Moses anticipated one communal pattern of sin in Deuteronomy 30:1-3. You (plural) will sin; be enslaved; and cry out to the Lord. God will send you a deliverer and restore your fortunes (Brueggemann 2016, 59). This pattern outlines biblical history and with it the rise and fall of nations.

What is interesting about the dynamic aspect of sin is how Jesus deals with it in the Parable of the Prodigal Son (Luke 15). In the parable, the younger son thinks only of himself in asking for his inheritance and leaving home for a faraway country where he squanders it. What is unique about this story is that the suffering that the young man goes through draws attention to his sin and allows him to see the error of his ways. He grows up and learns to love his father. Unlike the account of Moses, the cycle of sin is broken and his life transformed.

New Testament Treatment of Sin

The transformation of the Prodigal Son requires us to take sin seriously. When Jesus casts out demons, he clearly takes the who question and sin seriously (e.g. Mark 5:8). Many commentators quietly scoot past such passages or explain them away as first century psychology. However, if Jesus is truly divine (characterized as omniscient, omnipresent, and omnipotent), then the New Testament’s confession that Jesus died for our sins must be taken seriously (e.g. 1 Cor 15:3). Otherwise, our sins are not forgiven, our salvation is at risk, and our preaching is in vain (e.g. 1 Cor 15:14).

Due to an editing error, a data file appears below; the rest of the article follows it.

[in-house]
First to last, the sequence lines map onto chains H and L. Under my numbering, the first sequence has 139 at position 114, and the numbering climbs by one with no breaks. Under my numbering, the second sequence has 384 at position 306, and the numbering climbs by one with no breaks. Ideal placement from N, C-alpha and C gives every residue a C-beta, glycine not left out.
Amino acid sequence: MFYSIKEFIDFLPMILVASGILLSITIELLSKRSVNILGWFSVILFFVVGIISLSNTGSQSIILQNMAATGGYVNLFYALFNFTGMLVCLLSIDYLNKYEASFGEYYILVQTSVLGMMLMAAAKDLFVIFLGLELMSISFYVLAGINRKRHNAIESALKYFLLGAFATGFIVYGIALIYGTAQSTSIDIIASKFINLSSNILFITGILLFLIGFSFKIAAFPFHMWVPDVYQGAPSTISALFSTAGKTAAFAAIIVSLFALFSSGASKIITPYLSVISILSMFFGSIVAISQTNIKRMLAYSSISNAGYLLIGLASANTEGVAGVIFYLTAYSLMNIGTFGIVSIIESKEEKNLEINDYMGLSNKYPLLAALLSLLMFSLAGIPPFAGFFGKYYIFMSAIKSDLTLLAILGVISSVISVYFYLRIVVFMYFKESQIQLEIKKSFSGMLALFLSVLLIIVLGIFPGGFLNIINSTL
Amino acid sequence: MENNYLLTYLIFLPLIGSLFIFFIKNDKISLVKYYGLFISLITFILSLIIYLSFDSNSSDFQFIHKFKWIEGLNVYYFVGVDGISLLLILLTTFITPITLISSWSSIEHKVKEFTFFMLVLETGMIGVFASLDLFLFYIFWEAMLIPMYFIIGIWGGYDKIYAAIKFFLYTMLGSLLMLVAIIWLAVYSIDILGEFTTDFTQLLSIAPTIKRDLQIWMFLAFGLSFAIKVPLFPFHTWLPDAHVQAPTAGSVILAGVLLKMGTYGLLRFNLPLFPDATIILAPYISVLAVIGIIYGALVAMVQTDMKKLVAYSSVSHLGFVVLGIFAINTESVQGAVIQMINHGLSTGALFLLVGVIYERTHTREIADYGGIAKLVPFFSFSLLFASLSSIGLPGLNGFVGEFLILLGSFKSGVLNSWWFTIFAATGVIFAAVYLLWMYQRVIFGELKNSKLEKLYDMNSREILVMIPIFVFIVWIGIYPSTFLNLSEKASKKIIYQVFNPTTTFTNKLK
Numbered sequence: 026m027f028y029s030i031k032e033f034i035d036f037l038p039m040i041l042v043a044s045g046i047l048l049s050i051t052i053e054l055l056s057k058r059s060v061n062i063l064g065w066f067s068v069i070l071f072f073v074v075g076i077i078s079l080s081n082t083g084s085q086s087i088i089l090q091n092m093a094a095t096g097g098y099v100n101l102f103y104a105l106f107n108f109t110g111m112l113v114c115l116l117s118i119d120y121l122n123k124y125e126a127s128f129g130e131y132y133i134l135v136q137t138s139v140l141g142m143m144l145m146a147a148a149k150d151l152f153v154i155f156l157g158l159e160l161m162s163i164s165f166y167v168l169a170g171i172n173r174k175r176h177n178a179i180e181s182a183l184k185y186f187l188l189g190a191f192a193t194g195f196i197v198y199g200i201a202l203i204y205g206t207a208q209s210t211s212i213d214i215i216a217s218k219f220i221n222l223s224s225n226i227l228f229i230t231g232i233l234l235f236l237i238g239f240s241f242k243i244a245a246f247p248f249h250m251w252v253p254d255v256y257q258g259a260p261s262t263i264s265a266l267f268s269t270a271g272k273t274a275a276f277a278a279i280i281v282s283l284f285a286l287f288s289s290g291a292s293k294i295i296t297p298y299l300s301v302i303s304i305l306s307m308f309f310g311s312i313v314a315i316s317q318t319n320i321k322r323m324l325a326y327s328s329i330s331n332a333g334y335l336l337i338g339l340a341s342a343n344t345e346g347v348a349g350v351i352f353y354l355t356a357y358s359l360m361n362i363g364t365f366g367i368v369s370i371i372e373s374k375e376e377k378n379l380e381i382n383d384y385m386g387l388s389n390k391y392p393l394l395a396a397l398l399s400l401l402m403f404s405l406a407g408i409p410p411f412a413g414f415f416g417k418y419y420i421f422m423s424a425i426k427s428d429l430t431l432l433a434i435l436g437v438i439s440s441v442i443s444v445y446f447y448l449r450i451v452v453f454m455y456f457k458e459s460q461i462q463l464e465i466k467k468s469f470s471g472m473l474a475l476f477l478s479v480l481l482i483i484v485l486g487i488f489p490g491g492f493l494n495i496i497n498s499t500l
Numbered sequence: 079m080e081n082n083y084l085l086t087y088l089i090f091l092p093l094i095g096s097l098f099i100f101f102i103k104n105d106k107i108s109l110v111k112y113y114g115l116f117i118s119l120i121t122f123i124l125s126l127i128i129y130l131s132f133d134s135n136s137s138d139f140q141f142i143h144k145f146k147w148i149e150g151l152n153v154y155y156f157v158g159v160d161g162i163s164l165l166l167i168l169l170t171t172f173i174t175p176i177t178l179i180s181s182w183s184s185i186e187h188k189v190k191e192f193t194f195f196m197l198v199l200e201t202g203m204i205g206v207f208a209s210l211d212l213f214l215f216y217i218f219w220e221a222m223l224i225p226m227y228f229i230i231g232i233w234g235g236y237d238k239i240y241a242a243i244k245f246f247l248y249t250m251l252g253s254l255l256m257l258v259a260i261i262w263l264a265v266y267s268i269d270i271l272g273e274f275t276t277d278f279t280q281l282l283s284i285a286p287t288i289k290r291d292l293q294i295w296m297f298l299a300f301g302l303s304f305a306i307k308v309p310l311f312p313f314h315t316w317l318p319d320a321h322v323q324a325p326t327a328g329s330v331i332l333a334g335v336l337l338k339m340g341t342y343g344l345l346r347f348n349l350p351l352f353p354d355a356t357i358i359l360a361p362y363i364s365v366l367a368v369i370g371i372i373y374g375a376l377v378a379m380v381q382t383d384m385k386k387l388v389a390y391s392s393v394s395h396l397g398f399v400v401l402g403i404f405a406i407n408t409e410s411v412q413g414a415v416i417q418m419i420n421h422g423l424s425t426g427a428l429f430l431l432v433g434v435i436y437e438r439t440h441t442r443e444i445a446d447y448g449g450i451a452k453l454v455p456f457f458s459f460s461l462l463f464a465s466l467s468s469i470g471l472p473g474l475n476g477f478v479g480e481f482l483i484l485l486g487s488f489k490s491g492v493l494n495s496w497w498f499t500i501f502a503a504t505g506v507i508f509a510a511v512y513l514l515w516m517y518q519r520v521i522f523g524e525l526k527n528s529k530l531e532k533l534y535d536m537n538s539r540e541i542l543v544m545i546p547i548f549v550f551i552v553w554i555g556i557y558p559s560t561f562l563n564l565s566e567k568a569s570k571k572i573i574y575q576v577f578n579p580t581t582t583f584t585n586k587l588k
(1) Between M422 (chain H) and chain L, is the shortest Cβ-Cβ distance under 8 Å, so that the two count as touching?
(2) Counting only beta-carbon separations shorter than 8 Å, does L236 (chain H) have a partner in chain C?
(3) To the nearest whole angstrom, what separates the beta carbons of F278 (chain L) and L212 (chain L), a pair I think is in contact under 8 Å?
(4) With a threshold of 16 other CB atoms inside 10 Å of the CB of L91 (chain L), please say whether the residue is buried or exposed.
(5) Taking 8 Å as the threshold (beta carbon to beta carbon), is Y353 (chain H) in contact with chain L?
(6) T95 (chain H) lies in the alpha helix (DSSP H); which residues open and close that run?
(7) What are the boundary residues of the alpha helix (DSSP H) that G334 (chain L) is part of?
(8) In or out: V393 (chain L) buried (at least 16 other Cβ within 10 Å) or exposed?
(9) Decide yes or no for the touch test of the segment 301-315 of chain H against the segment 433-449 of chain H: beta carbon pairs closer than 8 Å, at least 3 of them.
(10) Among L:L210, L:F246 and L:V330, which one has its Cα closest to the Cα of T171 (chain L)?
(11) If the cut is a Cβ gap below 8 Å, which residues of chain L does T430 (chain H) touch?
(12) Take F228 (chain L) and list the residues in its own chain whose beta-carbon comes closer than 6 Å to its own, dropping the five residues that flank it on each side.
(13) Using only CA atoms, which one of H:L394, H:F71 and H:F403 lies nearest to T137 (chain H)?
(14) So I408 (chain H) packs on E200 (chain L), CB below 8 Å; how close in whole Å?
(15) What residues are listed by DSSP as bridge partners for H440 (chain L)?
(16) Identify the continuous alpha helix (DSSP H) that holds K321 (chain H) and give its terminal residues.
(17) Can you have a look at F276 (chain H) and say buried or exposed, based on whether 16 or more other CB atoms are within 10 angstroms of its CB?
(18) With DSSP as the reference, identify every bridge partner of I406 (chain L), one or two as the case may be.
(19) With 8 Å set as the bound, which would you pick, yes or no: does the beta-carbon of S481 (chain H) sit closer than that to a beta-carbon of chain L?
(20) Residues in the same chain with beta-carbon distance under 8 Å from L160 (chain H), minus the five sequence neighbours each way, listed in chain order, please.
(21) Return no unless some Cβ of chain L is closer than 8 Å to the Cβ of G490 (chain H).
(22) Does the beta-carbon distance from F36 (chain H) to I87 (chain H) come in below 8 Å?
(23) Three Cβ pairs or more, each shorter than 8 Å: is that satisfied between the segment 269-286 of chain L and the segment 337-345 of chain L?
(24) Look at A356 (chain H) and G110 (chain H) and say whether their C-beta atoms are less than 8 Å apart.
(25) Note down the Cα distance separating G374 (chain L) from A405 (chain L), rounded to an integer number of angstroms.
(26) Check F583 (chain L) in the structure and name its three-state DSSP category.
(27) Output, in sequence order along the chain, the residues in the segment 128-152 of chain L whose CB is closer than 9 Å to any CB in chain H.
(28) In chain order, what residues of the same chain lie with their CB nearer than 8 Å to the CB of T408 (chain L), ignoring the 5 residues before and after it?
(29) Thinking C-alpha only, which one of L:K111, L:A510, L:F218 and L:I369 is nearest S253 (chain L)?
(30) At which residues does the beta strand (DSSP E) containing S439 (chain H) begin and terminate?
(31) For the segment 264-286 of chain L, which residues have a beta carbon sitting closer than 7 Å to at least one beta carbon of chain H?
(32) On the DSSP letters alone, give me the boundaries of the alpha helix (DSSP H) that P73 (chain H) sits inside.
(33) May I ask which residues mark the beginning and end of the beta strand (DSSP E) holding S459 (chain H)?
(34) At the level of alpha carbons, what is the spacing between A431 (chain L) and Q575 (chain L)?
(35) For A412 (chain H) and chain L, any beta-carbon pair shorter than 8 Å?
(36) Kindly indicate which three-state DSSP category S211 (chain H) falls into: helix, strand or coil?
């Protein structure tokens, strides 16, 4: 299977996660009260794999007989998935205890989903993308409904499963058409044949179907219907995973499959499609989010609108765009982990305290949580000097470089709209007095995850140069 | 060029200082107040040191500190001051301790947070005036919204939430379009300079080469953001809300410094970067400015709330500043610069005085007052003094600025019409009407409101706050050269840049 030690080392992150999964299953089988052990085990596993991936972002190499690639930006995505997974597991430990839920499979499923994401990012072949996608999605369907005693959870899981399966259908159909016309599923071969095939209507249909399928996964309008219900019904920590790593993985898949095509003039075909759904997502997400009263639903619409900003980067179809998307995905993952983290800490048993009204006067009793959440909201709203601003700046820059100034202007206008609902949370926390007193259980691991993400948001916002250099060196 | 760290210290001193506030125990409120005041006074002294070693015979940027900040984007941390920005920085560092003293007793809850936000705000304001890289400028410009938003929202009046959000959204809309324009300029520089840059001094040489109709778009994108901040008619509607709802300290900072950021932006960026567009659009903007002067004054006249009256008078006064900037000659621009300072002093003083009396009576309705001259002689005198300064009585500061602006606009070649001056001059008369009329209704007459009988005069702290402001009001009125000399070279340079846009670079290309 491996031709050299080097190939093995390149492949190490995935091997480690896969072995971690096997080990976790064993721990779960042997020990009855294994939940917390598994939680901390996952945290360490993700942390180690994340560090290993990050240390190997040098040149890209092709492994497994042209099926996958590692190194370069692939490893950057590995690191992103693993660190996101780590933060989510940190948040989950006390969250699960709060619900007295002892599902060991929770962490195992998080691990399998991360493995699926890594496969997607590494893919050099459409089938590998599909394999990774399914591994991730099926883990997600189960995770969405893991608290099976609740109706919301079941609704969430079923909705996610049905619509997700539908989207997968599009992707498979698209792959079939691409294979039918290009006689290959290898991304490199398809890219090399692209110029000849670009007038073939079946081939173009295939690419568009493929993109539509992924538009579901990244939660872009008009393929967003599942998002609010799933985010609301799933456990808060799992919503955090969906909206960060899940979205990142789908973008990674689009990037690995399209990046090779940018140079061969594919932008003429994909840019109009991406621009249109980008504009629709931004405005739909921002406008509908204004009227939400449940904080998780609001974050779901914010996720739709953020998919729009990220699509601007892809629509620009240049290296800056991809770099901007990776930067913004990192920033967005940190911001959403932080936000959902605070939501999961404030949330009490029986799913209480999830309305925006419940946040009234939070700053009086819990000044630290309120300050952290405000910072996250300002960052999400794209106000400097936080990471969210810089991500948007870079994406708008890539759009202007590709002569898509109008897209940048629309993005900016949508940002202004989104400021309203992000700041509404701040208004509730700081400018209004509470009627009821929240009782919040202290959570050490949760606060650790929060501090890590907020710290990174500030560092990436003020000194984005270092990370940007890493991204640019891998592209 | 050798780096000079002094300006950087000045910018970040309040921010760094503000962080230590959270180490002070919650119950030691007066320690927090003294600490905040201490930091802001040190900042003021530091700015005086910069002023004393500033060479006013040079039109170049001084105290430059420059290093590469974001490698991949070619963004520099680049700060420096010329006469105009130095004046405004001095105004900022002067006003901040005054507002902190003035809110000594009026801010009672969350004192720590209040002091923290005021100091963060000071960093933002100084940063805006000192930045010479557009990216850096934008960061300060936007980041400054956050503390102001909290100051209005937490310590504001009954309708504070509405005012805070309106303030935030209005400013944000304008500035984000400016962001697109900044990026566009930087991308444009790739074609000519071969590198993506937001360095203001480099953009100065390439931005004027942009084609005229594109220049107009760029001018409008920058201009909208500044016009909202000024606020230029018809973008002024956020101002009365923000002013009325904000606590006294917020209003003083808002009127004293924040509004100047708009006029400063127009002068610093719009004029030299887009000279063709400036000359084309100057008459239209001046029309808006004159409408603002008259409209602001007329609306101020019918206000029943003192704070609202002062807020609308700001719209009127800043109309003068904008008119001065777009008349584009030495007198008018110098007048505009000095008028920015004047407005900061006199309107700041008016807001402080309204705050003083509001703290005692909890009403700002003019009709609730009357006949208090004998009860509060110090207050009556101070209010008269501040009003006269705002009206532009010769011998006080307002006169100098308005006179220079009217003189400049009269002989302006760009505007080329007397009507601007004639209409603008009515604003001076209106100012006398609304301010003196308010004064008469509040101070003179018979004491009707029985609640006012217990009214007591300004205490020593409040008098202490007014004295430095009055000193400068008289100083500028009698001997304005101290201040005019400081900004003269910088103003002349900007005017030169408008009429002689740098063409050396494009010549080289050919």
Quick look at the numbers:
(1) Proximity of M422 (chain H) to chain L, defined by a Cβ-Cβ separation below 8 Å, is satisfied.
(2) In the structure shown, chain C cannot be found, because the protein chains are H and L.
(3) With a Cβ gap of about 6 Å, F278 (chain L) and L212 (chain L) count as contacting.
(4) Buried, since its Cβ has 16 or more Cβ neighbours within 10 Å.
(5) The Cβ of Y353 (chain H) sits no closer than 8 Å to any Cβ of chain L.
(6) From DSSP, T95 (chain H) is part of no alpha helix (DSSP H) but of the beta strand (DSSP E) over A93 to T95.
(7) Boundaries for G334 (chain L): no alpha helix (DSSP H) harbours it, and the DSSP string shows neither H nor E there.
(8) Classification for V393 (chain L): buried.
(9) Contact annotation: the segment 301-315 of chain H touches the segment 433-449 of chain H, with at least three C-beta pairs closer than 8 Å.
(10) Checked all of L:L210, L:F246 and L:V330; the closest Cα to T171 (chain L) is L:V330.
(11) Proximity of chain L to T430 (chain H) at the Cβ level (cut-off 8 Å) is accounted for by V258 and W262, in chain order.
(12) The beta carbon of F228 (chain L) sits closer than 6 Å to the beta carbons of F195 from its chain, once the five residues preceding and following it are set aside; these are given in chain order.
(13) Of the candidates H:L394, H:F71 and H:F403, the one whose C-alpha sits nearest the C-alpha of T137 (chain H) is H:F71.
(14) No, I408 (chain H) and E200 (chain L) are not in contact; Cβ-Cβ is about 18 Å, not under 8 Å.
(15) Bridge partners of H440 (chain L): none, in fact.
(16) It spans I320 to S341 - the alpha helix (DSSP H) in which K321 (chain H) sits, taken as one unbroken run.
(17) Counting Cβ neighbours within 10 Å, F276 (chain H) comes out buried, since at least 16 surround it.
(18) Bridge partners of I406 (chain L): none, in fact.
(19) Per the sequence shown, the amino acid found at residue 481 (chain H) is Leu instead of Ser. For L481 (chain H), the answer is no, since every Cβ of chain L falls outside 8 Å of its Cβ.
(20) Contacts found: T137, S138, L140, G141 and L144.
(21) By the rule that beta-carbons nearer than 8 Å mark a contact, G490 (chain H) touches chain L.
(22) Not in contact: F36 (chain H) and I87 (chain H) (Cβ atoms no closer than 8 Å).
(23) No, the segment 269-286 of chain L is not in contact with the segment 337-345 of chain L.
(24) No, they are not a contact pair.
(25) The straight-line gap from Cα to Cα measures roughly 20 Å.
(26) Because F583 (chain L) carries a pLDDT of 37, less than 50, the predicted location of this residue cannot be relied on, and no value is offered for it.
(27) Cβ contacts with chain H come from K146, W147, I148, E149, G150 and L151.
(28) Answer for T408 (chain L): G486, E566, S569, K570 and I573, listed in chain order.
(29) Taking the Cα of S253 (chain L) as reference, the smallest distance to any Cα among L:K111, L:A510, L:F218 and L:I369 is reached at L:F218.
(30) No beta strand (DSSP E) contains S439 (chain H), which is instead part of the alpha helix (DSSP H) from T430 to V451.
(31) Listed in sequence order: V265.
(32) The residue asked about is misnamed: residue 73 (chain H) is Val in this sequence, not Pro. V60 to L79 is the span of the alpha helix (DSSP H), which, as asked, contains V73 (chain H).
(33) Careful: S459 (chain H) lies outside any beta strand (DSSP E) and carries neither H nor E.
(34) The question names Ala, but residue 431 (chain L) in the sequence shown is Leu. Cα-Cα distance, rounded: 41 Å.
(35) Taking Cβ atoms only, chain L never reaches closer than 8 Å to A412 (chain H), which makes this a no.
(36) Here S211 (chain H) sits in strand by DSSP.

Jesus as Denominator

The fall from grace is more important than most postmodern Christians are willing to admit. If we cannot admit our sin; we cannot be forgiven. This is why we must make our faith the number one priority and focus on the divine image. When Jesus becomes our measure of all things, then with the help of the Holy Spirit we can recognize and resist evil

References

Feinberg, Jeffrey Enoch. 1998. Walk Genesis: A Messianic Jewish Devotional Commentary. Clarksville, MD: Lederer Books.

Kline, Meredith G. 2006. Kingdom Prologue: Genesis Foundations for a Covenantal Worldview. Eugene, OR: Wipf & Stock Publishers.

The Fall From Grace

Also see:

The Who Question

Preface to a Life in Tension

Other ways to engage online:

Author site: http://www.StephenWHiemstra.net

Publisher site: http://www.T2Pneuma.com